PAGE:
Culver City police admit they got the wrong guy with red-light camera ticket and apologize to actor
A red-light camera fiasco has left some Culver City police officials with red faces as they admitted Monday they got the wrong man.
The Police Department dismissed a $490 ticket issued to actor Steve Tom for allegedly running a red light and acknowledged it was a case of mistaken identity. Authorities now believe a man who resembles Tom and is the registered owner of the vehicle was the driver.
“We are dismissing the citation in the interest of justice,” Culver City Police Capt. Ron Iizuka said.
The department decided to reexamine video from the red-light camera and speak to the vehicle’s registered owner after Tom questioned the ticket in a Times report. Iizuka said it determined Tom was not the driver.
“Mr. Tom is happy and we are happy to resolve this,” he said.
The mix-up may have resulted in part from an uncanny resemblance. The ticket had Tom’s name on it, but the address was in St. Louis, far from Tom’s North Hollywood home. And the registered owner of the white Land Rover Discovery that allegedly ran the red was someone named Barry L. Babcock. Attached to the ticket was a photo from the red-light camera video. Tom said he and Babcock looked an awful lot alike.
Tom, 62, said he is glad the bizarre episode is over, but doesn’t know why it took an article in The Times and his own sleuthing to figure things out. He said he received an apology Monday morning after the department reviewed video of who was behind the wheel during the incident on June 15 at 2:44 p.m.
“I’m fine with the outcome,” he said.
According to the video, the vehicle made a right turn on a red at Sepulveda Boulevard and Green Valley Circle.
After receiving the citation two weeks ago, Tom, who played a judge on the TV drama “Major Crimes,” scoured the Internet for information about Babcock. He quickly found images of the former cable television executive. Tom said he was taken aback by their resemblance. He hired a private investigator and found addresses in Florida and Missouri.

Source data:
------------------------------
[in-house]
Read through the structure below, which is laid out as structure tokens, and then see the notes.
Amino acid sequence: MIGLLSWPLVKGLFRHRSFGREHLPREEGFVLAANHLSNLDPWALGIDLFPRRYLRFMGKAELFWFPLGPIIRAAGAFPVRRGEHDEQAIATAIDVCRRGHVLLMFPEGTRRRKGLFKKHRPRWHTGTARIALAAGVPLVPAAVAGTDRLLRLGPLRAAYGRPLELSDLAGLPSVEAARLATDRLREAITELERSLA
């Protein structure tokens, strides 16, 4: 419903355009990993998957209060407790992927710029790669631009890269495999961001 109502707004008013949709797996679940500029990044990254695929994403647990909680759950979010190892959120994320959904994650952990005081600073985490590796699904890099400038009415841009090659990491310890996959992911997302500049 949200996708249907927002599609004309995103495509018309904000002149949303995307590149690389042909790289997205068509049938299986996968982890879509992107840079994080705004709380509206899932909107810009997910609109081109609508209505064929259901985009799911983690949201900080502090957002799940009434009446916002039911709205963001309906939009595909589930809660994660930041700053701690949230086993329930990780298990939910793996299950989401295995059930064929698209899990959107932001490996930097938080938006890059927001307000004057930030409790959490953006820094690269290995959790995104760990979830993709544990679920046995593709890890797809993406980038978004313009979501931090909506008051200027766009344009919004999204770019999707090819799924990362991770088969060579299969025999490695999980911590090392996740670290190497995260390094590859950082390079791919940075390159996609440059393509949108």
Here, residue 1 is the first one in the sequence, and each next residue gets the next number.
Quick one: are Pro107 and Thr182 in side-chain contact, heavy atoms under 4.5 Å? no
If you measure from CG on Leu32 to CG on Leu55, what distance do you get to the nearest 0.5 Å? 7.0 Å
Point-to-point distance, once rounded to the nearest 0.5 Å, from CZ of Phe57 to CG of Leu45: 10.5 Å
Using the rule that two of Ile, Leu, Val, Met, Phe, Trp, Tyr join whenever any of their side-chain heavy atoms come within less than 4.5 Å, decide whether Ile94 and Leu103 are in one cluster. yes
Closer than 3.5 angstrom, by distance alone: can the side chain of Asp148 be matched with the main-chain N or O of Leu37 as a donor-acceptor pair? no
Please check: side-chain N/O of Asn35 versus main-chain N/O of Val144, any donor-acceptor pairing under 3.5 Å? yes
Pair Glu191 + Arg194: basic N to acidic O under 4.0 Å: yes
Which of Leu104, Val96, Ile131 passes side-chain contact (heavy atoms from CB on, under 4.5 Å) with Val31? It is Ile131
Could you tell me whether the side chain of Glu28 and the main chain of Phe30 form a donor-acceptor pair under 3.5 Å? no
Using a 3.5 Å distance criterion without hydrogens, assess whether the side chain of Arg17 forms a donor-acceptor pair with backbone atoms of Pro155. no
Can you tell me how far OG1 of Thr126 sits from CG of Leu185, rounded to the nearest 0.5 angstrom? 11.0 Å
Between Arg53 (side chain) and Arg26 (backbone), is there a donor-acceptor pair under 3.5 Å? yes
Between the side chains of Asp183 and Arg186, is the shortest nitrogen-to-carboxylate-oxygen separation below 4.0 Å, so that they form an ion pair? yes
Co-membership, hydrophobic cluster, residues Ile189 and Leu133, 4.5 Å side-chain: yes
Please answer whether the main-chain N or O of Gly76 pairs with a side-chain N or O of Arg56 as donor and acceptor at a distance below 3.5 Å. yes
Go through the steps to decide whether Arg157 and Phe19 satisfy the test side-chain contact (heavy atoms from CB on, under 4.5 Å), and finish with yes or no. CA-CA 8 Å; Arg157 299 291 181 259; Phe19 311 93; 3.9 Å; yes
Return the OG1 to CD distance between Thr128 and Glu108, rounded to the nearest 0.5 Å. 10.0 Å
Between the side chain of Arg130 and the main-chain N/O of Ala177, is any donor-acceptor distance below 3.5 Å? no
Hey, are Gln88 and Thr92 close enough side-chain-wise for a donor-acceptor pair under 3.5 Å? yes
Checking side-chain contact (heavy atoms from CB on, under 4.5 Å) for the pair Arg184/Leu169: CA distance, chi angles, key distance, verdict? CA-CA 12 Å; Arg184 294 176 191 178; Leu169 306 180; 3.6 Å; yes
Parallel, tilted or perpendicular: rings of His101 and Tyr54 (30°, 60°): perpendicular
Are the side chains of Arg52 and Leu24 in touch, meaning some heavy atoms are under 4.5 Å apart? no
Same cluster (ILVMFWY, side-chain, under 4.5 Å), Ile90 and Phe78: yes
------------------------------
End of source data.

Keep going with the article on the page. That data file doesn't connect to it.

All the while, Culver City police were insisting he was the culprit.
“The guy insisted to me the department got the right guy and it was me,” Tom told The Times. “The city was going to win. He said, ‘When I saw the photograph, I knew it was you. You can bring as many attorneys, but it is you.’”
Iizuka told The Times last week one of the officers knew Tom and identified him as the man in the video.
Babcock, meanwhile, acknowledged that he didn’t know Tom, but declined to comment at length about the red-light violation or ticket.
Red-light cameras have been a financial boon for Culver City since 1999. They’re installed at 11 intersections across town, according to city records. In 2014, the cameras generated more than $2 million in revenue, with about 40% going to a company that operates the system, according to the records.
Jay Beeber of Safer Streets L.A., a group that successfully campaigned to eliminate Los Angeles’ red-light cameras in 2012, said the ticket Tom got raised questions.
“That is the craziest red-light cam ticket I have ever heard of and I have been doing this awhile,” Beeber said. “They have to have a reasonable suspicion…. What other evidence do they have?”
According to the Insurance Institute for Highway Safety, the number of cities nationwide using red-light cameras has declined to about 400 from more than 700 in recent years as questions over whether they improve safety have arisen. More than 100 cities in California once used the cameras, but that number has dropped by about two-thirds, Beeber said.
In Tom’s case, Iizuka said Culver City police were happy to correct the error.
“Thank you for keeping us on our toes,” he told a reporter Monday.
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